The apex court exercises “contempt power” in order to uphold “the majesty of law”, a phrase which takes these laws back to the medieval association between judicial authority and the authority of the monarch. Since the earliest days of the common law in England, the principles governing contempt were linked to the king’s divinely ordained position beyond human accountability. In the 17th century, the courts and parliament took on this notion of inviolability, and guarded it with a penal rhetoric of sharp rebuke. This English common law tradition persists in postcolonial judiciaries, sitting uncomfortably with the values of a modern democracy.

Without contempt laws, the courts could perhaps regard such cases as libel or defamation. But this would force judges to step down from their position of dignity and enter into public or political controversy. Contempt, unlike defamation, undermines not the individual judge, but the entire institution of the judiciary. There are conflicting notions of authority and accountability at work here. Hence, Ms Roy uses the image of the muzzle, whereas her judges talk of broad shoulders.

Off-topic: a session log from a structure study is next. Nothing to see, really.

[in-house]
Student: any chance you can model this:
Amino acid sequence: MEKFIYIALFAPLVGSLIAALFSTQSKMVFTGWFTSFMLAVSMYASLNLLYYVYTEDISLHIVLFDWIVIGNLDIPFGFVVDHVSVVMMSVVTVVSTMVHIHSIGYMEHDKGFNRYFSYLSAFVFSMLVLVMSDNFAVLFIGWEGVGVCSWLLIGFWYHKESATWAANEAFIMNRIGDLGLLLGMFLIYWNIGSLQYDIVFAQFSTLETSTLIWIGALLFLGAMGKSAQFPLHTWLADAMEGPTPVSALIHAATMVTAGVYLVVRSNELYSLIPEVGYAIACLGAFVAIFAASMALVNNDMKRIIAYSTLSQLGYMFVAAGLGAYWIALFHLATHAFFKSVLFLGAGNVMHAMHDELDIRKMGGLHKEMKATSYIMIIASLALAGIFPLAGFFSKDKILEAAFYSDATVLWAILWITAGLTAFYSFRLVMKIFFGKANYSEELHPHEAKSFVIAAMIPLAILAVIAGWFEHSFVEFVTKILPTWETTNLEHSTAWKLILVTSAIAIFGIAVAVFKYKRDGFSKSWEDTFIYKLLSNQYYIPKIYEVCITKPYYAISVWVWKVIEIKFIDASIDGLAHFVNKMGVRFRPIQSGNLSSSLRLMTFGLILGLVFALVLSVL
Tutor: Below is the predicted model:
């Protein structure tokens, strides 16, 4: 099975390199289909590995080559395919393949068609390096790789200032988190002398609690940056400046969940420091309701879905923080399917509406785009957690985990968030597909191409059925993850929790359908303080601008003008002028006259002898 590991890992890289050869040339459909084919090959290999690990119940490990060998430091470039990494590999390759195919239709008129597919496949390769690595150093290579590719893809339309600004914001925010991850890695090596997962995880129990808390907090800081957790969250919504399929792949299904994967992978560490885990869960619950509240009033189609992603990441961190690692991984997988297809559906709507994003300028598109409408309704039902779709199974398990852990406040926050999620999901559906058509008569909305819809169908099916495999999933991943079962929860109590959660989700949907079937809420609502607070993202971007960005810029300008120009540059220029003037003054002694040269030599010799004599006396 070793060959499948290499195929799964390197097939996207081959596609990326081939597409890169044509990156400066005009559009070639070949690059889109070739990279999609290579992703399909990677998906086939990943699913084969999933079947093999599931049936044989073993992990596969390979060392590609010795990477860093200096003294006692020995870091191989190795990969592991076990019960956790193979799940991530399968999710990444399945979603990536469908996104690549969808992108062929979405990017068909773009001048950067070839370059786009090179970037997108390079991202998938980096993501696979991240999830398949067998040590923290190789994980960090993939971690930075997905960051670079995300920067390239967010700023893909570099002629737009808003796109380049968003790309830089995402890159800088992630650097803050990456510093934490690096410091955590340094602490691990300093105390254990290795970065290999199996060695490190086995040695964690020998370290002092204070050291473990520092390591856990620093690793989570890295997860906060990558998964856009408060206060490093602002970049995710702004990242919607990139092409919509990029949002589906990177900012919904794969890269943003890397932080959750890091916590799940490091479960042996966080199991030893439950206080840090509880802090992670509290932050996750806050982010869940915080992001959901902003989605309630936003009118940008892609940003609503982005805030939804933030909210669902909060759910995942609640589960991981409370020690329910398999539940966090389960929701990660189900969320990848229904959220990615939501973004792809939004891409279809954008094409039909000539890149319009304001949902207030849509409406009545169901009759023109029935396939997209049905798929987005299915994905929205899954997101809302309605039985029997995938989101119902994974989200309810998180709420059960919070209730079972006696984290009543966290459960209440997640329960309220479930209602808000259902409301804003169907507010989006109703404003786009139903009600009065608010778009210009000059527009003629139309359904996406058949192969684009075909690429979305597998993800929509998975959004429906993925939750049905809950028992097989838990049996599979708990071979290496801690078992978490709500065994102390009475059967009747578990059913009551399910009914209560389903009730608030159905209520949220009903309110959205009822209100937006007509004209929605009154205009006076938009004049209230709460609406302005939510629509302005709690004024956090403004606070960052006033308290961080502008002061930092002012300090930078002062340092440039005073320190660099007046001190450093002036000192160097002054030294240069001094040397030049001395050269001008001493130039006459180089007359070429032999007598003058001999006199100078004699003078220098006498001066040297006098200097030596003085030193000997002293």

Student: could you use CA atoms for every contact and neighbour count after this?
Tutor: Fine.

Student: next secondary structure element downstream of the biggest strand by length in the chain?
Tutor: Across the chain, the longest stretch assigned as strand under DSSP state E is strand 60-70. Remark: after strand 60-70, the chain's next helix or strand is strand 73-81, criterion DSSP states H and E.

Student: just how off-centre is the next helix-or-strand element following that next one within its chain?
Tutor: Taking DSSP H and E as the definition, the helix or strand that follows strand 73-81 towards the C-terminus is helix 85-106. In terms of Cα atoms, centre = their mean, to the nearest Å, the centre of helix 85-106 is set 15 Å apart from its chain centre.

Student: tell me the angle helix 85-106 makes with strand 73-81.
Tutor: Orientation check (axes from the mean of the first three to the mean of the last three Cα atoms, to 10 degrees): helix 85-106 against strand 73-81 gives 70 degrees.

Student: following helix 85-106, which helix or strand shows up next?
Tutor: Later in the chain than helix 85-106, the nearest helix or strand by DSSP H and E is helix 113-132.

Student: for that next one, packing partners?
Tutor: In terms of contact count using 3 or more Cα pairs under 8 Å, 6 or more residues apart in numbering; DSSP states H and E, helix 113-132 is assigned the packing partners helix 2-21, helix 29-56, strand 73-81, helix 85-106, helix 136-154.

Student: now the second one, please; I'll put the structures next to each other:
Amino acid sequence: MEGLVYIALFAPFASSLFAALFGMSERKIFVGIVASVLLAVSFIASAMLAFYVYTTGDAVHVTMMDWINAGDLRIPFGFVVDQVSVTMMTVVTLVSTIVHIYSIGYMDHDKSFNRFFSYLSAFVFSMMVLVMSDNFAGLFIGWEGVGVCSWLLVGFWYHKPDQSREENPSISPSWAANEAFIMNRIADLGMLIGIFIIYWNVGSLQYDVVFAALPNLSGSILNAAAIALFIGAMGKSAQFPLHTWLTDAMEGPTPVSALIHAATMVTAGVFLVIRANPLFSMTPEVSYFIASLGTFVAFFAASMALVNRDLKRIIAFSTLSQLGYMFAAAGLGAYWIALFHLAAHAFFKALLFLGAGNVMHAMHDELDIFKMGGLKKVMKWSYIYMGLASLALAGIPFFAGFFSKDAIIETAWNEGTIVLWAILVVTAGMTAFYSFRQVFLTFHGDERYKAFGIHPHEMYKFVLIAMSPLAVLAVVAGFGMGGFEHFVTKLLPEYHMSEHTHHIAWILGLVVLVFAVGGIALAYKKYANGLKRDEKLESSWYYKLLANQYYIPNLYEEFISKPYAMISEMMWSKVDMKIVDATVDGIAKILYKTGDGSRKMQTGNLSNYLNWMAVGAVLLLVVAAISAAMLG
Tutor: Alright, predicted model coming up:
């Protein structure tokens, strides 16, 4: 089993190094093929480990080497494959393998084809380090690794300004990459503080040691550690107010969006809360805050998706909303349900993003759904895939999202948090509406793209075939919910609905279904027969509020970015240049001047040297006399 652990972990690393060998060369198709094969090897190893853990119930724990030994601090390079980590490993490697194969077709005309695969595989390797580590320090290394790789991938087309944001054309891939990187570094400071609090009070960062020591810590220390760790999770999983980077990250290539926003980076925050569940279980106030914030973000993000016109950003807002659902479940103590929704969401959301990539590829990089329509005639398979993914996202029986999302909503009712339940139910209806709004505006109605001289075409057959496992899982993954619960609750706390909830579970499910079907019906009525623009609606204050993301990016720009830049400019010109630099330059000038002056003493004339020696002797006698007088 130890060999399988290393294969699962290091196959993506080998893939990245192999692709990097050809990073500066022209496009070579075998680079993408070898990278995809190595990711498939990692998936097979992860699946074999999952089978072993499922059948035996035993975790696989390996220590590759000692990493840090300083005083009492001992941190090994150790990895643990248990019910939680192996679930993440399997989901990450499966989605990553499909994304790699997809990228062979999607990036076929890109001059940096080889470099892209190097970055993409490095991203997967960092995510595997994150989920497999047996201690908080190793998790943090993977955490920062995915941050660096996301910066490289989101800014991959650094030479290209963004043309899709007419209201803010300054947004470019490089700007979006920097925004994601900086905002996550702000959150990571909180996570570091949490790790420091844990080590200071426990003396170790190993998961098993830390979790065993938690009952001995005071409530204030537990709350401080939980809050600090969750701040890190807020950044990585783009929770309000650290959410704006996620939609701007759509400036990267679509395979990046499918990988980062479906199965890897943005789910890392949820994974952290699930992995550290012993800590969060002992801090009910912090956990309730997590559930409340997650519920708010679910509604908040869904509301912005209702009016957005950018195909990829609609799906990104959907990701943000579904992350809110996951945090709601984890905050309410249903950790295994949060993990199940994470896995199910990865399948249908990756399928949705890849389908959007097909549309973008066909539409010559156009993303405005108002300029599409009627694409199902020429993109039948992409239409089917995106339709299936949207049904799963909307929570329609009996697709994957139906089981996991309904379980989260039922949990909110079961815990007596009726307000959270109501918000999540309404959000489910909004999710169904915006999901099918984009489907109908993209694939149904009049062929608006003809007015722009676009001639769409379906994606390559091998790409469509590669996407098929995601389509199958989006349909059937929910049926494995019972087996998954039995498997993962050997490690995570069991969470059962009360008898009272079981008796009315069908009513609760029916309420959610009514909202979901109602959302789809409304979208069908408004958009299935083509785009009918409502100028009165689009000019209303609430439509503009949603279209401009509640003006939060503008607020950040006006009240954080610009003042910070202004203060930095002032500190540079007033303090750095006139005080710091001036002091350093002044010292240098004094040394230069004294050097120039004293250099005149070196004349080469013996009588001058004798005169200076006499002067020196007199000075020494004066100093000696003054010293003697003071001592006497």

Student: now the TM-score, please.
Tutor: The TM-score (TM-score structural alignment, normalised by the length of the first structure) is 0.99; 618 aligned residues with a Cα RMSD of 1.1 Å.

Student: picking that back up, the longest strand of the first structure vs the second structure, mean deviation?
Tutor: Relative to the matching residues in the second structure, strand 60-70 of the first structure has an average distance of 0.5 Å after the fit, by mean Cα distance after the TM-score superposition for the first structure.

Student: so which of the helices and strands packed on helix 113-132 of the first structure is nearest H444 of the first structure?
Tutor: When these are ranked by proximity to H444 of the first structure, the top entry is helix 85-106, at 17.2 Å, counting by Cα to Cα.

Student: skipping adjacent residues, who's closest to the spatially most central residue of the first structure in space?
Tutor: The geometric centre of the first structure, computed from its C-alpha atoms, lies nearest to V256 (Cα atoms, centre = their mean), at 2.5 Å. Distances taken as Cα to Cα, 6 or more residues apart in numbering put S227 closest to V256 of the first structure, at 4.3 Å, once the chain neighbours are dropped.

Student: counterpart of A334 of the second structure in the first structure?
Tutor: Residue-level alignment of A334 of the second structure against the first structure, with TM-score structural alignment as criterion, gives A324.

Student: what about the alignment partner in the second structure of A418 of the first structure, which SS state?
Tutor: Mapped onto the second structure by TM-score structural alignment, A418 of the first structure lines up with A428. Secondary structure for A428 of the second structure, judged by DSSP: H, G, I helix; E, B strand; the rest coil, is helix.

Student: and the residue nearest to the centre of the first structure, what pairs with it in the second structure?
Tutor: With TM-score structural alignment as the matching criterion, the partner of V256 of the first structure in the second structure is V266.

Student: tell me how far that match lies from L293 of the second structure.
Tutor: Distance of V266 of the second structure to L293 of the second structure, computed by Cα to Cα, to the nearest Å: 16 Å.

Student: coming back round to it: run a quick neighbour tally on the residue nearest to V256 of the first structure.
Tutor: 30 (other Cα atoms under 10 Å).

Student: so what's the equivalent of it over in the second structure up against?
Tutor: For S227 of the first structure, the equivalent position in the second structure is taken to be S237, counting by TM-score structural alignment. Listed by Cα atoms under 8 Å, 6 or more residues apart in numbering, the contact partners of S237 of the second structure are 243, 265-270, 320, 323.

A STATE OF COMMERCE 
 
 
BY AMIT CHAUDHURI
 
 
There has been much talk, recently, of the differences between Indian writing in English and the modern vernacular traditions; but the truth is that, whatever their linguistic persuasion, most modern Indian writers emerge from a multiplicity of languages. Languages are not so much in simple opposition to each other as they are in a state of commerce with each other; this is as true of Michael Madhusudan Dutt, the progenitor of modern Bengali poetry, as it is true of Toru Dutt.